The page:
The Commission itself discussed in its original opinion only those points upon which it disagreed with the examiner; otherwise it adopted his findings and conclusions, attaching them as an appendix to its opinion. It discussed in detail its award of a multi-stop route between Salt Lake City and Phoenix and amply supported its conclusion. This called for a local service carrier. The Board was of opinion that the direct route and the multi-stop route should be operated by the same carrier, thus permitting economies. The Board pointed out that to Western this would represent a stub-end turnaround operation and also would divert revenue from a small local carrier. As between Frontier and Bonanza the Board found a more difficult choice. It concluded that this route offered one of the few remaining opportunities to strengthen Bonanza, that Bonanza had a superior claim in terms of historic participation in the traffic, and that Bonanza had a greater stake in the award than had Frontier. The Board recognized and described some factors favoring Frontier. On balance it concluded that the public interest, convenience and necessity required the award to Bonanza.


The Board discussed the San Diego segment and the Phoenix-Denver local service.


In a later order, upon the motions for reconsideration, the Board did reconsider in detail (the opinion is 32 pages long in the Joint Appendix) many of the contentions presented to it, and it also amended its award to Western so as to provide a Phoenix-Los Angeles route for traffic bound from Phoenix to Portland or Seattle.


Frontier, upon its present petition, says the Board did not grant adequate comparative consideration in respect to the Phoenix-Salt Lake route; the Board erred in considering the need for 'beyond area service' in respect to the San Diego and Los Angeles segments; the award of a Los Angeles segment nullified the earlier San Diego segment; the order on reconsideration is a nullity because it was rendered after the petition for judicial review had been filed and after the certificates previously issued had become effective; and, if that order is a nullity, the basic order is also a nullity because it fails to cover certain points.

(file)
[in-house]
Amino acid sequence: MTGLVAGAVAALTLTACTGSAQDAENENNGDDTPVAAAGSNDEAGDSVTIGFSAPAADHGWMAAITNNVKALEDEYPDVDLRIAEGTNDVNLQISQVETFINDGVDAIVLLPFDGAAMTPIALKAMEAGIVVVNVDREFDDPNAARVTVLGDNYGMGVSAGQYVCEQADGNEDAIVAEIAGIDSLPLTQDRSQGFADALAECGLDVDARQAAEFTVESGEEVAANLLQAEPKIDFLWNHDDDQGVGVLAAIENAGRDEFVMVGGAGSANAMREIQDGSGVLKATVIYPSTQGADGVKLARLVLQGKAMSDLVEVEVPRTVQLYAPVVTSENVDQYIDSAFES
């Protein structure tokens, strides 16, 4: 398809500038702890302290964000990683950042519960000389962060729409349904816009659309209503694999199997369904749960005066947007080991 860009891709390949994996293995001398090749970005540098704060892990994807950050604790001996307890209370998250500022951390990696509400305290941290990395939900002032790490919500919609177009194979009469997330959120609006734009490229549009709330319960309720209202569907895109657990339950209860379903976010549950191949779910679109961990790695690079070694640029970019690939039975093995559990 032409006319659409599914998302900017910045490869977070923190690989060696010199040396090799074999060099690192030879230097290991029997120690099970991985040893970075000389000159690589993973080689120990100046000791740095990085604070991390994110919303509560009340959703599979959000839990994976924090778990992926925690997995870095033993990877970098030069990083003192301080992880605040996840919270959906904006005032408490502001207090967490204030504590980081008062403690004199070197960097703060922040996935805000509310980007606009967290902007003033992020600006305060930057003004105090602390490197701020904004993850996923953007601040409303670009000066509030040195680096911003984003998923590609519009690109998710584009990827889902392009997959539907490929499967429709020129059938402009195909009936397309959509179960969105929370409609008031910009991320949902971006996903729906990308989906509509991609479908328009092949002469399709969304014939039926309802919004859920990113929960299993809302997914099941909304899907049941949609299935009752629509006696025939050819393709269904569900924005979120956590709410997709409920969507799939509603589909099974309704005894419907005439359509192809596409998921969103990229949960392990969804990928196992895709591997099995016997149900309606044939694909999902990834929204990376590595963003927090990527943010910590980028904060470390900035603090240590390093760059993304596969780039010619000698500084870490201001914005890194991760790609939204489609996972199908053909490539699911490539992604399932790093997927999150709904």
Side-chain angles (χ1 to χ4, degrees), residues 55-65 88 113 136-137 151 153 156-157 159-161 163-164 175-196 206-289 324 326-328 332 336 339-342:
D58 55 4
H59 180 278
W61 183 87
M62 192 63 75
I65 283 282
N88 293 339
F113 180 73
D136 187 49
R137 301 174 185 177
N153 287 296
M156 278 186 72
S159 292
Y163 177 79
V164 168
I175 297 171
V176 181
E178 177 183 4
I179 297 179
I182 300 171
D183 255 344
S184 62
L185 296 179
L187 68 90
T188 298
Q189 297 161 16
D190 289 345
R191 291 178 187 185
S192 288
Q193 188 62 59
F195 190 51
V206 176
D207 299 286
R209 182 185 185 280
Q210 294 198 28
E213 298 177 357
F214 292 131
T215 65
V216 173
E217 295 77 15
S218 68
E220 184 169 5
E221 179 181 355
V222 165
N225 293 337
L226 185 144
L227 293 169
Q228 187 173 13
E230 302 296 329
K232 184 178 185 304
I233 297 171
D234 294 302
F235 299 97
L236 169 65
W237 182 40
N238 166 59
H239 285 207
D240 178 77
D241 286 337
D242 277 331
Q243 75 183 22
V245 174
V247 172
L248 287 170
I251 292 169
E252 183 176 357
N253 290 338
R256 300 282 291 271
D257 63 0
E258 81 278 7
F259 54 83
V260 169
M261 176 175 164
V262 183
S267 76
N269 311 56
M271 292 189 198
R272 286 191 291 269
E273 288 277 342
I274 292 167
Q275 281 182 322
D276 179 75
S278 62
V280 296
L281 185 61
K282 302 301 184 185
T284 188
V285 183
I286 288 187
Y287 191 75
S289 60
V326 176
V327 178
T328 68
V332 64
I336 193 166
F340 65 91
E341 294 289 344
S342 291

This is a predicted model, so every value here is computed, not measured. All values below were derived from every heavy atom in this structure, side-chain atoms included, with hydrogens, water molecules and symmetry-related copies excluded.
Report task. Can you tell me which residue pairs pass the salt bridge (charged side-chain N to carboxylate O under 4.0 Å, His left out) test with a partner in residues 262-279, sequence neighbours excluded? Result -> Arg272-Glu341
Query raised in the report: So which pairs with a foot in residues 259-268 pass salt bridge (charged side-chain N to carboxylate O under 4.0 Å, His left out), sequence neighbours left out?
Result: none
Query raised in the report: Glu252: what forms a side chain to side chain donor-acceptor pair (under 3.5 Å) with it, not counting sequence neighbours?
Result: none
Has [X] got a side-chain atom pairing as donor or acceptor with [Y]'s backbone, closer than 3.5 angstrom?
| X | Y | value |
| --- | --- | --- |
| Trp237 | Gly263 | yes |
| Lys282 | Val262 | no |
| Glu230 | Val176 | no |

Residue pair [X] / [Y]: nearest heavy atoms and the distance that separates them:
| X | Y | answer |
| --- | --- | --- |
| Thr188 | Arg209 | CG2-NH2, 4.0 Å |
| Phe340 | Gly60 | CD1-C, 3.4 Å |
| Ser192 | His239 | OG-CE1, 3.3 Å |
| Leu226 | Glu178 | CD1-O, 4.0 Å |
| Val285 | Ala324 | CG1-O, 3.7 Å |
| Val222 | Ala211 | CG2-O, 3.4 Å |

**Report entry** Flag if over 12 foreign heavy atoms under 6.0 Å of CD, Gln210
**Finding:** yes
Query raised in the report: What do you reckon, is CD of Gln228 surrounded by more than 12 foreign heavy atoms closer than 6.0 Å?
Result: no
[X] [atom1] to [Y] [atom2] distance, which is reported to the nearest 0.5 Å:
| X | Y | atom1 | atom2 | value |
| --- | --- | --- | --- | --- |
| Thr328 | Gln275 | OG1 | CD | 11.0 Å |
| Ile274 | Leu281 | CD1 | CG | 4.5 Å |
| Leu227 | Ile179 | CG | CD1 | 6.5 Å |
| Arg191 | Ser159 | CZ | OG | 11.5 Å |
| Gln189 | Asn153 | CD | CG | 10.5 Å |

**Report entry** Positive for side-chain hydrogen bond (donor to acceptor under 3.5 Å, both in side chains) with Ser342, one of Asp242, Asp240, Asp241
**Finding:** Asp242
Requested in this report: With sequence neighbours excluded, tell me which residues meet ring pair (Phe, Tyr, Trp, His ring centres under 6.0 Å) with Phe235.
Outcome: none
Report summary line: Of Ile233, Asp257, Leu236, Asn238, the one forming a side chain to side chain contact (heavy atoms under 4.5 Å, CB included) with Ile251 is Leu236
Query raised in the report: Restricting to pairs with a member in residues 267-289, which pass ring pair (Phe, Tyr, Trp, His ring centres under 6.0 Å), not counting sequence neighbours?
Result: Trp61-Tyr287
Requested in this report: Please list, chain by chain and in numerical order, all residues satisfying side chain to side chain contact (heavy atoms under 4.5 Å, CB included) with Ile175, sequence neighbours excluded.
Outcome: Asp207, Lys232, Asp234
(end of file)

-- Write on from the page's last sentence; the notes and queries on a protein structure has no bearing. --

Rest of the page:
We have examined all these points. The comparative consideration of Bonanza and Frontier seems to us to have been thorough; the evidence was extensive, and the findings and conclusions were clearly stated and reasonable. We cannot substitute our own evaluation of comparative factors for the evaluation by the Board, so long as the Board's processes and conclusions meet the wellestablished requirements.


Frontier reasons that but for the 'beyond area traffic' the west coast segments would not have been awarded and that but for those segments Western would not have been awarded the Denver-Phoenix non-stop certificate. It does not question the pertinence of beyond area traffic to the selection of the carrier to be certificated but challenges its use in the determination of the need for the route itself. The Board points out that the beyond area service needs were in issue and relied on by all parties. It urges, correctly we think, that the Board did not exceed its statutory authority in relying upon such material. We have at least twice2 referred to the fact that any extension of a route involves service from back of the prior terminal. Where a single city (Phoenix in this case) is added to an existing route, service to points beyond the take-off point is necessarily involved. The Board points to many instances in which it has considered beyond area benefits in determining whether the public interest requires the route sought. Without elaborating these contentions it is sufficient to say that we think the needs of beyond area traffic may in many factual situations be a proper concern in the problem of establishing new air routes. In many situations we do not see how it could be otherwise. The concern was present in the Denver Service Case3 and in North American Airlines.4 The presence of the problem does not impinge upon the Ashbacker doctrine.


We do not find the order denying reconsideration invalid because rendered after this petition was filed. No harm was done. Had the Board been of a mind to grant reconsideration, it could have so indicated and a motion to remand would have been in order.




Sitting by designation pursuant to the provisions of Sec. 291(a), Title 28, U.S.Code


Eastern Air Lines v. Civil Aeronautics Board, 100 U.S.App.D.C. 184, 243 F.2d 607 (1957); United Air Lines v. Civil Aeronautics Board, 97 U.S.App.D.C. 42, 228 F.2d 13 (1955)


United Air Lines v. Civil Aeronautics Board, supra note 1


North American Airlines v. Civil Aeronautics Board, 99 U.S.App.D.C. 55, 237 F.2d 209 (D.C.Cir.1956)